Short Hills is located in the township of Millburn, in Essex County, New Jersey. It is a popular commuter town for those who work in New York City. This upper-class enclave features distinguished, older homes as well as newer construction.
The area that would become Short Hills was originally part of Springfield Township, Union County, New Jersey. Its hills are thought to have played a role in the movement of the Continental Army during the Battle of Springfield.
Short Hills initially began as a planned community, when Stewart Hartshorn, who became wealthy from developing and manufacturing the self-acting shade roller, purchased 13 acres of land in Millburn Township, near the current Hobart Avenue.
Hartshorn’s goal was to develop “a harmonious community for people who appreciated nature; where natural beauty would not be destroyed by real estate developments; and where people of congenial tastes could dwell together.” He later increased his land holdings to 1,552 acres for the entire village, with each plot not owned by Hartshorn being no larger than half an acre, and left only 56 acres for himself.
He chose the name “Short Hills” because it reflected the topography of the region and also because the local Lenape Native Americans used the name. One local resident suggested that he call his village “Hartshornville” but he humbly refused.
Railroad and postal connections
Hartshorn situated his “ideal town” close enough to a railroad to allow for an easy commute to Hoboken and, from there, to New York City. Then, in 1879, he built, at his own expense, a railroad station along the original Morris and Essex Railroad line. Hartshorn also persuaded the United States Post Office to open an office in his new railroad station in 1880, and to this day, there is still a post office branch in that locale with its own zip code.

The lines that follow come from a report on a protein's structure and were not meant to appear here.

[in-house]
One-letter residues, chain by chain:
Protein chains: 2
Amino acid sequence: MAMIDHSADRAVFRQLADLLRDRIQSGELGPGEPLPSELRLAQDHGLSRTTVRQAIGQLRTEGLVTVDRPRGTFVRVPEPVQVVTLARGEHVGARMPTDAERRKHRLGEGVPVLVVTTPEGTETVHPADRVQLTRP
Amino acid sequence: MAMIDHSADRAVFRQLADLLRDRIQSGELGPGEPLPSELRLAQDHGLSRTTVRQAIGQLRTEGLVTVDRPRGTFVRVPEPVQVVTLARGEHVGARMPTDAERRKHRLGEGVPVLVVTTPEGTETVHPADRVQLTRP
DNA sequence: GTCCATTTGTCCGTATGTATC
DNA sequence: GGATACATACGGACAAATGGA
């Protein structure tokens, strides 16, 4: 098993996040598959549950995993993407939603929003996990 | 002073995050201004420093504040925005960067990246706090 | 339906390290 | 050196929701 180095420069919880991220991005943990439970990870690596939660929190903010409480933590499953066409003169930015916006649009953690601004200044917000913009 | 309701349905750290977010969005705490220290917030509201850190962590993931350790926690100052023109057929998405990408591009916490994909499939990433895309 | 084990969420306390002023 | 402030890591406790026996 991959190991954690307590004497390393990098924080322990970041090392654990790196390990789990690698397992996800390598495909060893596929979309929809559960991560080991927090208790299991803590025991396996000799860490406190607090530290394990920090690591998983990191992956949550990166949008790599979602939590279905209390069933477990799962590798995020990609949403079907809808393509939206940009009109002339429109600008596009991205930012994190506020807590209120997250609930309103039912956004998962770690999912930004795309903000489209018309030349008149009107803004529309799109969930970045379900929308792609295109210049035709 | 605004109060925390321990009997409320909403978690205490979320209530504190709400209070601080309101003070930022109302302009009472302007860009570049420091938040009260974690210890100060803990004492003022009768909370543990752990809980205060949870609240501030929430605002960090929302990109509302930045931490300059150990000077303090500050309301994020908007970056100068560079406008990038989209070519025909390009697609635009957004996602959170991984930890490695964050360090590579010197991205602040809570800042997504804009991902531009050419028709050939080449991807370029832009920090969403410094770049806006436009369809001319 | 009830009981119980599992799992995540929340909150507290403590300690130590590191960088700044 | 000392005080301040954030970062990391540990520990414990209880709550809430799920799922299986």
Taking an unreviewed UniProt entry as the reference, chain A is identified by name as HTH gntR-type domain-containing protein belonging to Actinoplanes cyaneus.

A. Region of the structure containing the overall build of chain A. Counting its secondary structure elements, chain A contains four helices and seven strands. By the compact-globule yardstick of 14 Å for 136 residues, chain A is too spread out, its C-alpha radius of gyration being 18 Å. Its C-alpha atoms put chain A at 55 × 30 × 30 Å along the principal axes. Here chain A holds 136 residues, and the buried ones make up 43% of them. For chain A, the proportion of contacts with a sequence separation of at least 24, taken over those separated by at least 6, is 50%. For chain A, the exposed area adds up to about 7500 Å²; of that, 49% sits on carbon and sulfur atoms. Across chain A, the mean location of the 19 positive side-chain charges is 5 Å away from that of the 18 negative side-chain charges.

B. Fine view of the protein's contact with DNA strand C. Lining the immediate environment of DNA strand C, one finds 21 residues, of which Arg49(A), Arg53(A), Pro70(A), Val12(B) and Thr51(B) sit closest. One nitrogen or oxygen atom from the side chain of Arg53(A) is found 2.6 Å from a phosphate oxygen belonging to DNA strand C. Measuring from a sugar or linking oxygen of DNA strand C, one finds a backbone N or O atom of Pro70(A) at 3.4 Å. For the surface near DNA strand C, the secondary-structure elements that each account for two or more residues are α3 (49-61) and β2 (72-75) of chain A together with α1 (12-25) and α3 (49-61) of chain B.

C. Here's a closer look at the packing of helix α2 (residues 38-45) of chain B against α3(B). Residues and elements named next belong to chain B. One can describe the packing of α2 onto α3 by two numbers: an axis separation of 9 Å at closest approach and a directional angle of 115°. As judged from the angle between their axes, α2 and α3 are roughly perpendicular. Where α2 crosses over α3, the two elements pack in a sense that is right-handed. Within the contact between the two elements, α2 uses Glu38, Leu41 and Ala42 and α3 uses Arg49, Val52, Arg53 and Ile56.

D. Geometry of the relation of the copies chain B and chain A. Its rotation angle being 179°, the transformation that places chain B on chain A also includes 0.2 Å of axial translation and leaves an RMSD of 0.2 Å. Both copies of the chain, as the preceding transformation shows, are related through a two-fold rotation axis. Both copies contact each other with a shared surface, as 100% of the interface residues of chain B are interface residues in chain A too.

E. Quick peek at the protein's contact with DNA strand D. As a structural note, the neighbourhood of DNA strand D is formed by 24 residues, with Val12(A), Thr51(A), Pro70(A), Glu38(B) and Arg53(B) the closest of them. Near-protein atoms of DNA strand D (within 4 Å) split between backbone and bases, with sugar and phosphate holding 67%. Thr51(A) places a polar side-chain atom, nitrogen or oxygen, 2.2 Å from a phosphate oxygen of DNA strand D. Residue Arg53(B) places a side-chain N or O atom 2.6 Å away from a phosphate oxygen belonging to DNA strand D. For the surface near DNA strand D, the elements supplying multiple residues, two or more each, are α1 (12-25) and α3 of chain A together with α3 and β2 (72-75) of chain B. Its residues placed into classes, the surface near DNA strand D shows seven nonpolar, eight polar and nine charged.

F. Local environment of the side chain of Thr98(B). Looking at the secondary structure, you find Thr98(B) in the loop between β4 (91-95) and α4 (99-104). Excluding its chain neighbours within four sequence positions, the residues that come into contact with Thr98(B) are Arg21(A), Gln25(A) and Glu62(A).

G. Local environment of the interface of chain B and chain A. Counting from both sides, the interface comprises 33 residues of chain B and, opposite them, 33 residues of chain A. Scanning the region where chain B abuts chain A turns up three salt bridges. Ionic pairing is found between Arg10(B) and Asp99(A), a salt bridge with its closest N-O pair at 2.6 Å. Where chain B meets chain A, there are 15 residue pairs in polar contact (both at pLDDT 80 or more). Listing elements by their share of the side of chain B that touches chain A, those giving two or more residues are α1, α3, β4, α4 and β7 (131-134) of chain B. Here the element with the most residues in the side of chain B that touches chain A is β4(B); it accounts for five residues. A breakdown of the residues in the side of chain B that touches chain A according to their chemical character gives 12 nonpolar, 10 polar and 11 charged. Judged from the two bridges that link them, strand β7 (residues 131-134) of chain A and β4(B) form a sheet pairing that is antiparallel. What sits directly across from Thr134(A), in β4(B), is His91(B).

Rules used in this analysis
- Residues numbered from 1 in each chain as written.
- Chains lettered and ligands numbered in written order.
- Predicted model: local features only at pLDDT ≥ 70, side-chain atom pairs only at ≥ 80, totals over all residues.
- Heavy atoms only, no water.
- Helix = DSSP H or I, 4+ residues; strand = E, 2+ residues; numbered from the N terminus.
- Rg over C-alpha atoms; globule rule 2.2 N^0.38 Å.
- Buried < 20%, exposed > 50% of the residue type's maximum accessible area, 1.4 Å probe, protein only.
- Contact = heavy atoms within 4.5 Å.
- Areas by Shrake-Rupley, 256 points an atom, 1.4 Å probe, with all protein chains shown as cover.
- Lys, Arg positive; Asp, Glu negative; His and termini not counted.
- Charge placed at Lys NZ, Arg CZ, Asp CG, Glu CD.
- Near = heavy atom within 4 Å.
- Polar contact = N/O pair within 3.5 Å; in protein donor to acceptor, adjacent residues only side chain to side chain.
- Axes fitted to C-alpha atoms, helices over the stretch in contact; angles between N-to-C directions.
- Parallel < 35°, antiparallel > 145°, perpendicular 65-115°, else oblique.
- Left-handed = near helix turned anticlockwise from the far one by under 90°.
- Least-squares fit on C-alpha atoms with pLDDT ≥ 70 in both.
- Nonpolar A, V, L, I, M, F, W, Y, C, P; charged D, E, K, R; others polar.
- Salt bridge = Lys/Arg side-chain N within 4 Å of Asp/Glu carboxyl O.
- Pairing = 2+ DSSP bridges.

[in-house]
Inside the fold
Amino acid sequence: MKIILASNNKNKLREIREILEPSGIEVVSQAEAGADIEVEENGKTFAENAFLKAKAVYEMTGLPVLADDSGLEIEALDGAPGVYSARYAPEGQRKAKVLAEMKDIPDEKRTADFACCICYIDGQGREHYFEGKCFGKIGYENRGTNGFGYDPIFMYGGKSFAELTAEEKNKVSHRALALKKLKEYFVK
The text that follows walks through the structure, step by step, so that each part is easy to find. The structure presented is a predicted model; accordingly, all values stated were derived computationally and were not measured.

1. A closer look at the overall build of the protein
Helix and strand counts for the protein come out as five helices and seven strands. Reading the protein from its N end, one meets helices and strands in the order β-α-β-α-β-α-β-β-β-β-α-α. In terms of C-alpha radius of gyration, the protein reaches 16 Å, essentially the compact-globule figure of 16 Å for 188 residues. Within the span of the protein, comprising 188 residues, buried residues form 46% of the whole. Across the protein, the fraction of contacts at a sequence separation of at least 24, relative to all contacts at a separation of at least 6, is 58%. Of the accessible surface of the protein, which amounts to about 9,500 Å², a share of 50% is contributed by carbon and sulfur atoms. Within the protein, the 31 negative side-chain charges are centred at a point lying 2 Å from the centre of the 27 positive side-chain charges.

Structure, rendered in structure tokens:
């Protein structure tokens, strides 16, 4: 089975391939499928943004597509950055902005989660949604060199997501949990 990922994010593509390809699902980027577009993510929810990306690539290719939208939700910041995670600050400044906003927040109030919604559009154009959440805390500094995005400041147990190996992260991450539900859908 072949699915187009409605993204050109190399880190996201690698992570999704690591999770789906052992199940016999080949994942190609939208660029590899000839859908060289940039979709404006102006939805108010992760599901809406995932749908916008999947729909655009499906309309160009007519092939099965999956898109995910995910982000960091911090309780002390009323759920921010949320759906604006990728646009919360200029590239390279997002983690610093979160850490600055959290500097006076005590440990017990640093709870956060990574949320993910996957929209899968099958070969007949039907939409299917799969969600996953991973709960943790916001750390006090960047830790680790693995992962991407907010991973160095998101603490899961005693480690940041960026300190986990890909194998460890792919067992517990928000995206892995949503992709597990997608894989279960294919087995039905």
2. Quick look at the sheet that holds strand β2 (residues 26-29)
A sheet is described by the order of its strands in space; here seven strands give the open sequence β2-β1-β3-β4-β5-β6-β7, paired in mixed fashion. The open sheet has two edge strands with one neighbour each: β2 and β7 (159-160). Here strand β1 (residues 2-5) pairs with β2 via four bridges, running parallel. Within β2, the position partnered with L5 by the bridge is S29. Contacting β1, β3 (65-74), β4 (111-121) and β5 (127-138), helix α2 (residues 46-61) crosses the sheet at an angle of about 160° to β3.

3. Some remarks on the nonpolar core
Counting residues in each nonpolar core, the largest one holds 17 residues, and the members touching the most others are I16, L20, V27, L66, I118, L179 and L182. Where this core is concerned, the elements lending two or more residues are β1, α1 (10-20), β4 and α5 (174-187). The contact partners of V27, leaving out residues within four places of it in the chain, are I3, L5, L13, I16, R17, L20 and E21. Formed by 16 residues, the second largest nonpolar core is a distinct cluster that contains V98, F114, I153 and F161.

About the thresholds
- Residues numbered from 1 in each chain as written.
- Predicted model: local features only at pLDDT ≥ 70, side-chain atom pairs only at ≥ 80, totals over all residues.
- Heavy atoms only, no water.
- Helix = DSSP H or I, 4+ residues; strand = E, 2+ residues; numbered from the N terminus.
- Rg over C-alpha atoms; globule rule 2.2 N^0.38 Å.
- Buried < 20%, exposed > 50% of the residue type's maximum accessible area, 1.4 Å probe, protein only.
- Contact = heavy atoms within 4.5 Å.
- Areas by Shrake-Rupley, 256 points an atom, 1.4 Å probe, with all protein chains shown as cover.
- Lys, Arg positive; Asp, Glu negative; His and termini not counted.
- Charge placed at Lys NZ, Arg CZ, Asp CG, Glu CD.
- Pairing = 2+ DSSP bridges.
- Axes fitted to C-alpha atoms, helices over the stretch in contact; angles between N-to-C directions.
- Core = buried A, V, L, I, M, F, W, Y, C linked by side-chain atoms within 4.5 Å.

Hartshorn deliberately preserved strips of land along the railroad right-of-way from any development west of Old Short Hills road. They separated Hobart Avenue to the north and Chatham Road to the south, from the railway line. The railroad station is the only structure that has ever stood directly adjacent to that area.
He also established the Short Hills Park directly across Hobart Avenue from the station, which stands to this day. Hartshorn’s estate donated the park to Millburn Township in 1944, with the stipulation that it always remain open to the public.
Stewart Hartshorn died in 1937, at the age of 97. His daughter Cora wrote her own history of Short Hills and helped to develop the Arboretum that bears her name.
In conjunction with the American Bicentennial celebrations in 1975, the Millburn-Short Hills Historical Society was established.
The Christopher and Dana Reeve Paralysis Resource Center opened in Short Hills in 2001.
In 2002, residents planted a memorial tree on the grounds of the railroad station to honor their neighbors who died in the attacks on September 11, 2001.
The opening of the Kearny Connection, which provided the first direct rail service to Penn Station in Midtown Manhattan, has greatly enhanced the real estate in the area. Short Hills also has a business district along Chatham Road close to the railroad station, which includes a post office branch, a pharmacy and several small specialty shops.
Short Hills is home to many senior executives and controlling stockholders of some of the biggest corporations in America. The family median income exceeds $200,000.
Short Hills has a multitude of elementary schools for kindergarten through fifth grade. Most are part of the Millburn Township Public Schools: Deerfield, Glenwood, Hartshorn, Wyoming and South Mountain. Also, though the Pingry School has a lower school campus in Millburn, for kindergarten through fifth grade, its middle and upper school campus is located in Martinsville and is considered to be part of that district.
Students move on to complete their education at Millburn Middle School, sixth through eighth grade, and Millburn High School, ninth through twelfth grade, amongst others.
Though Short Hills has its own post office branch and railroad station, it does not have an independent government. Since its inception, it remains today part of the Township of Millburn.